Screening this Sunday at Newport Beach is an archival documentary telling a story that is simultaneously unique and unknown yet serves as a catalyst for the entire history of the Wild West. Calamity Jane: Wild West Legend follows a legend who lived all across the American West and managed to play a role in what seems like every pivotal moment in this wild time. Using archival photos, reenactments, and interviews, the story of Calamity Jane (born as Martha Canary) and her tumultuous life unfold over the course of this documentary.
Martha Canary’s biography is undoubtedly fascinating, and for someone like myself who enjoys the lore of the American West, this film is a fantastic introduction to a part of history often overlooked. Multiple times throughout the film, historians speak to how quintessential Calamity Jane’s experiences were and how she managed to experience so many different facets of the West. Starting out as a poor traveler on the Oregon Trail, Martha’s father needed another man’s help so instead of doing women’s work she learned the ways of a cowboy at a young age. This led to a life of constantly defying the gender roles, and from there we see her entire life that takes her into nearly every Western state, interactions with famous people such as Wild Bill and Buffalo Bill, and present at crucial events including the massacre at Wounded Knee.
This is a case where the story itself is incredibly interesting yet is extremely difficult to execute with no footage from the era itself.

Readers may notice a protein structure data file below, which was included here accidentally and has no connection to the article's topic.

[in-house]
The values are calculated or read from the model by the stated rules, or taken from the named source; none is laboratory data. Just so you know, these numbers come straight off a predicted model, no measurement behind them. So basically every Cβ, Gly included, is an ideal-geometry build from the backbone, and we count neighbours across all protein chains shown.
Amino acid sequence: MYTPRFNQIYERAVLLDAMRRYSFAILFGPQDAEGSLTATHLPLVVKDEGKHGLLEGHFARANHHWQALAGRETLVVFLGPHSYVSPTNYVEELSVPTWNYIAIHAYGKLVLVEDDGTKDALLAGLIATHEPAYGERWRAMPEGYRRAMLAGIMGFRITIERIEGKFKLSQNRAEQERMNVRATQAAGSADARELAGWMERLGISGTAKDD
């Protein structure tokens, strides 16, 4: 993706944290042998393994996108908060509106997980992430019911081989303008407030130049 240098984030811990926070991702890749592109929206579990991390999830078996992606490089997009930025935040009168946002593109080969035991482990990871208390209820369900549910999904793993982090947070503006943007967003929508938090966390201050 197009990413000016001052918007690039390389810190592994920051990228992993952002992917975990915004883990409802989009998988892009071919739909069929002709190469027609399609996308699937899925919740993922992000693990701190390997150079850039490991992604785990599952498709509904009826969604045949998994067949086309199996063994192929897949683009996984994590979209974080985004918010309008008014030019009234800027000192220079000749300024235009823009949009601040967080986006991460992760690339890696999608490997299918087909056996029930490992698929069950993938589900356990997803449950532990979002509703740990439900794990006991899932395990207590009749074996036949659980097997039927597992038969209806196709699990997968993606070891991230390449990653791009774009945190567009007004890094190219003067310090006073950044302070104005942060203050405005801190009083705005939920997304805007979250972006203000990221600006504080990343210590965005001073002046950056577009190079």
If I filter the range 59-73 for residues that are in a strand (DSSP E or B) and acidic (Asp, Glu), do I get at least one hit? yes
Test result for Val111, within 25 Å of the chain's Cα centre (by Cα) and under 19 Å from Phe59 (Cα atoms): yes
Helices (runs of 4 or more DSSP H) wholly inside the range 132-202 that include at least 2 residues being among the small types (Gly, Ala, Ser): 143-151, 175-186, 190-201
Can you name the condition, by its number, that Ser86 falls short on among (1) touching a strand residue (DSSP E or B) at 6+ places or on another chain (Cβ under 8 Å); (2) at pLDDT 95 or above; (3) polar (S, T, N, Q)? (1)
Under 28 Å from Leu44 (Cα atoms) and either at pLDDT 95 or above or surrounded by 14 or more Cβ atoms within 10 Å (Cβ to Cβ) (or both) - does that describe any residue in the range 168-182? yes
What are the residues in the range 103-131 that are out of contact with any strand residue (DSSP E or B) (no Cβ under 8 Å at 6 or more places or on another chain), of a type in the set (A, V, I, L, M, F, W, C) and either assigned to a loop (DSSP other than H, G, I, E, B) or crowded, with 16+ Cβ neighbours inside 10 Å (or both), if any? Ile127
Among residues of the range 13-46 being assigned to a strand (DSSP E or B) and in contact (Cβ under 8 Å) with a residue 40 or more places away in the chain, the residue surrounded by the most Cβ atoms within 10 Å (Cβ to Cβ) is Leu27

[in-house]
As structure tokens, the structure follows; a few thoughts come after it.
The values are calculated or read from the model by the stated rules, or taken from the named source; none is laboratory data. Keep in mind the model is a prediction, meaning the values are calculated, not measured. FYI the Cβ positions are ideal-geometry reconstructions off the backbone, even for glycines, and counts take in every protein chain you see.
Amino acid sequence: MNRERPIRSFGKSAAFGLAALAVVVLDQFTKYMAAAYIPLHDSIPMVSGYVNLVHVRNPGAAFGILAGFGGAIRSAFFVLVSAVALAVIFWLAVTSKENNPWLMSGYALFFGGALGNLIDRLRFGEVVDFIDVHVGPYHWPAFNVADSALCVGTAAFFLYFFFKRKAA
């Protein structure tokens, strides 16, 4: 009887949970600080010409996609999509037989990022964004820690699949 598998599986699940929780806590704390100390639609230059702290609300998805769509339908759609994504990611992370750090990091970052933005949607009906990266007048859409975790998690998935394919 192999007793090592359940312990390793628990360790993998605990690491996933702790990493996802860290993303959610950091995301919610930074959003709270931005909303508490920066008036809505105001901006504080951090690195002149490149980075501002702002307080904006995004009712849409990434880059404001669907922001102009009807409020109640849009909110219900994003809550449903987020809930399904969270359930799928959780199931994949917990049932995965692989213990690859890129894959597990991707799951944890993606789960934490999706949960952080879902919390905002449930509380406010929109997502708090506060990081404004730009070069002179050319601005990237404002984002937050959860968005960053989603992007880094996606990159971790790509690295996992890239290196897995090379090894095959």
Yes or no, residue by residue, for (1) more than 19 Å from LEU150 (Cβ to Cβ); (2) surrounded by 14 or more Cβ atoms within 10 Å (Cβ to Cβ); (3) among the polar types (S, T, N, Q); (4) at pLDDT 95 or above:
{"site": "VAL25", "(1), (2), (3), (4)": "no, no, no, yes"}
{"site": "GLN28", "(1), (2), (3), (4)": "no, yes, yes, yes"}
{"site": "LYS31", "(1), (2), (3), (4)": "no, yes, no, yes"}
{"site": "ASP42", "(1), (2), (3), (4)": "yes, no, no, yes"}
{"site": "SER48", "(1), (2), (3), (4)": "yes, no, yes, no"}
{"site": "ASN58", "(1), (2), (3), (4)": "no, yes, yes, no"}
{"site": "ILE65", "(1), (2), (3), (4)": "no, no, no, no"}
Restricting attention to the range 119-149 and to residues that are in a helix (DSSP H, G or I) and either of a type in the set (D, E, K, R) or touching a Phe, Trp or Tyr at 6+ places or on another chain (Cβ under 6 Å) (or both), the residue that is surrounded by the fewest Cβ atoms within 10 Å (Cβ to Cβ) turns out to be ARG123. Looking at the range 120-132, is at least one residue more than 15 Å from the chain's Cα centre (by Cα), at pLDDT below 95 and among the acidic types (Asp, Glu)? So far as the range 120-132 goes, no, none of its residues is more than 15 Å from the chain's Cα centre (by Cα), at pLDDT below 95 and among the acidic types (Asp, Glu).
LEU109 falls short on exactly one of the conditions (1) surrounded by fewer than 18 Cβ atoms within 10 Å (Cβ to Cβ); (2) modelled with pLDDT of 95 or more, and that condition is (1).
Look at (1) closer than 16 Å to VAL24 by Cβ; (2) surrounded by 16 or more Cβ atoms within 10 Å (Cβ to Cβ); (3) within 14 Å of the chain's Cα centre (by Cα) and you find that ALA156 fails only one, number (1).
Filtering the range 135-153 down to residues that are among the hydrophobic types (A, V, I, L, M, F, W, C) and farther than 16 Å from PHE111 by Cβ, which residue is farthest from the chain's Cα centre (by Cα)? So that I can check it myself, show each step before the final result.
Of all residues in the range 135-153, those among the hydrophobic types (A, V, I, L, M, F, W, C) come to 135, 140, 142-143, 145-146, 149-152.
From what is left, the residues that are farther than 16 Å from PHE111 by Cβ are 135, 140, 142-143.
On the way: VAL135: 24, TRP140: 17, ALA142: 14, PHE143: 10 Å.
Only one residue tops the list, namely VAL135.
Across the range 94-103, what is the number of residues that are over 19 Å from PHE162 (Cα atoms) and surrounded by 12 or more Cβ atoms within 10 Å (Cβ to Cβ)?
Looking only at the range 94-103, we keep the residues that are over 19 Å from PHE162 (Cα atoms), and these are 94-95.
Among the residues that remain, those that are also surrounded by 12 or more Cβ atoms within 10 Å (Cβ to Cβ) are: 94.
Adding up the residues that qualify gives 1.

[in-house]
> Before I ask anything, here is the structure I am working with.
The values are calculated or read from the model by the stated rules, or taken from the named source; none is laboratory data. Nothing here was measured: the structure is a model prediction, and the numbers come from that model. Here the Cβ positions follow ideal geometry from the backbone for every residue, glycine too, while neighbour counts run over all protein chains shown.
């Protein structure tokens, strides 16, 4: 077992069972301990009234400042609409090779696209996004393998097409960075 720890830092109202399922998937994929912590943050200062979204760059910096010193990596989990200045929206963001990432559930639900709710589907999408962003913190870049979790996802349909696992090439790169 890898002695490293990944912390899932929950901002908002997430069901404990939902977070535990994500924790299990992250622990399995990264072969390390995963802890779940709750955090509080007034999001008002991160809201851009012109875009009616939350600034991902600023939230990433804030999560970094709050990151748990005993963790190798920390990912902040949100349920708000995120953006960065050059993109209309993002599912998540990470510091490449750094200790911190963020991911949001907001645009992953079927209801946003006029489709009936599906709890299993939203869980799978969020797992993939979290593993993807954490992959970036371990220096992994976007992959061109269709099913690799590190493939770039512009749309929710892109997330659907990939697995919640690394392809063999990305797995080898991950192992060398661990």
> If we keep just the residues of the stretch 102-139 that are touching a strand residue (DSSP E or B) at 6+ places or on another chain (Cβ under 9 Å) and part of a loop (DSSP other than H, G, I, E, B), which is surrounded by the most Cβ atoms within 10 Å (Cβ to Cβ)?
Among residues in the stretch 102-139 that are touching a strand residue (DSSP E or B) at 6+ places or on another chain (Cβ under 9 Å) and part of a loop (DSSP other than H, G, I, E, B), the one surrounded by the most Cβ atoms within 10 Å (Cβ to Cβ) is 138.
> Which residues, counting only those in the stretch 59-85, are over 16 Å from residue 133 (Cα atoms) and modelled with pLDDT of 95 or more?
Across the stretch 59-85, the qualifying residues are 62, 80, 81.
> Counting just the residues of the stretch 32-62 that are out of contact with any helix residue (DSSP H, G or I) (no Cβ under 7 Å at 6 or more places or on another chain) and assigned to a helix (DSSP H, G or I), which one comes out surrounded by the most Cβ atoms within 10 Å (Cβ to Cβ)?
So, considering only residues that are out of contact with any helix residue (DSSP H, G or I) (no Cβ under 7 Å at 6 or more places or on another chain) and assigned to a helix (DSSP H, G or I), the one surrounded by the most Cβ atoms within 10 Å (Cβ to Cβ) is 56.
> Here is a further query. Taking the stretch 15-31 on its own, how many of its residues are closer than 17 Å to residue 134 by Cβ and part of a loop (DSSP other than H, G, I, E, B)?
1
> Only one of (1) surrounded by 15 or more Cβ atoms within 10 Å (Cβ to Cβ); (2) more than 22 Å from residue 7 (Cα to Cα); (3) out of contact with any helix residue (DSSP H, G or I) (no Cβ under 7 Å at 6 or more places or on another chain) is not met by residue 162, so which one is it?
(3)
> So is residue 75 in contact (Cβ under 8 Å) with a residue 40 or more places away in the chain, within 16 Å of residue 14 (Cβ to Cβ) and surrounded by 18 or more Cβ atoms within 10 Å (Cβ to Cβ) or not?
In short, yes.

Meanwhile, through early forms of press, Martha became known as Calamity Jane and her legendary adventures were turned into folklore, despite the fact that many were completely fiction. What is most important to know about her life is that she witnessed both the prime and the decline of the American West, and therefore, her life serves as an allegory for its eventual decline.
Historical documentaries are difficult to make successfully engaging while still remaining informative. The filmmakers here rely heavily on reenactments to sell what her life may have been like. Unfortunately, these are the weakest part of the movie: they are often over-the-top and take the viewer out. This is a case where the story itself is incredibly interesting yet is extremely difficult to execute with no footage from the era itself. It is clear in watching Jane why there are so many more documentaries focusing on recent events rather than anything prior to the invention of film: it is extremely difficult to present an engaging film without actual footage. The documentary is incredibly informative and the story is interesting, but Jane seems more fit for a narrative film or perhaps another medium.
The film will do well with anyone who has an interest in the West – I can imagine Calamity Jane: Wild West Legend will play at film festivals around the Western states and be met with praise.
For tickets to Sunday’s 2:45pm screening of Calamity Jane: Wild West Legend, click here.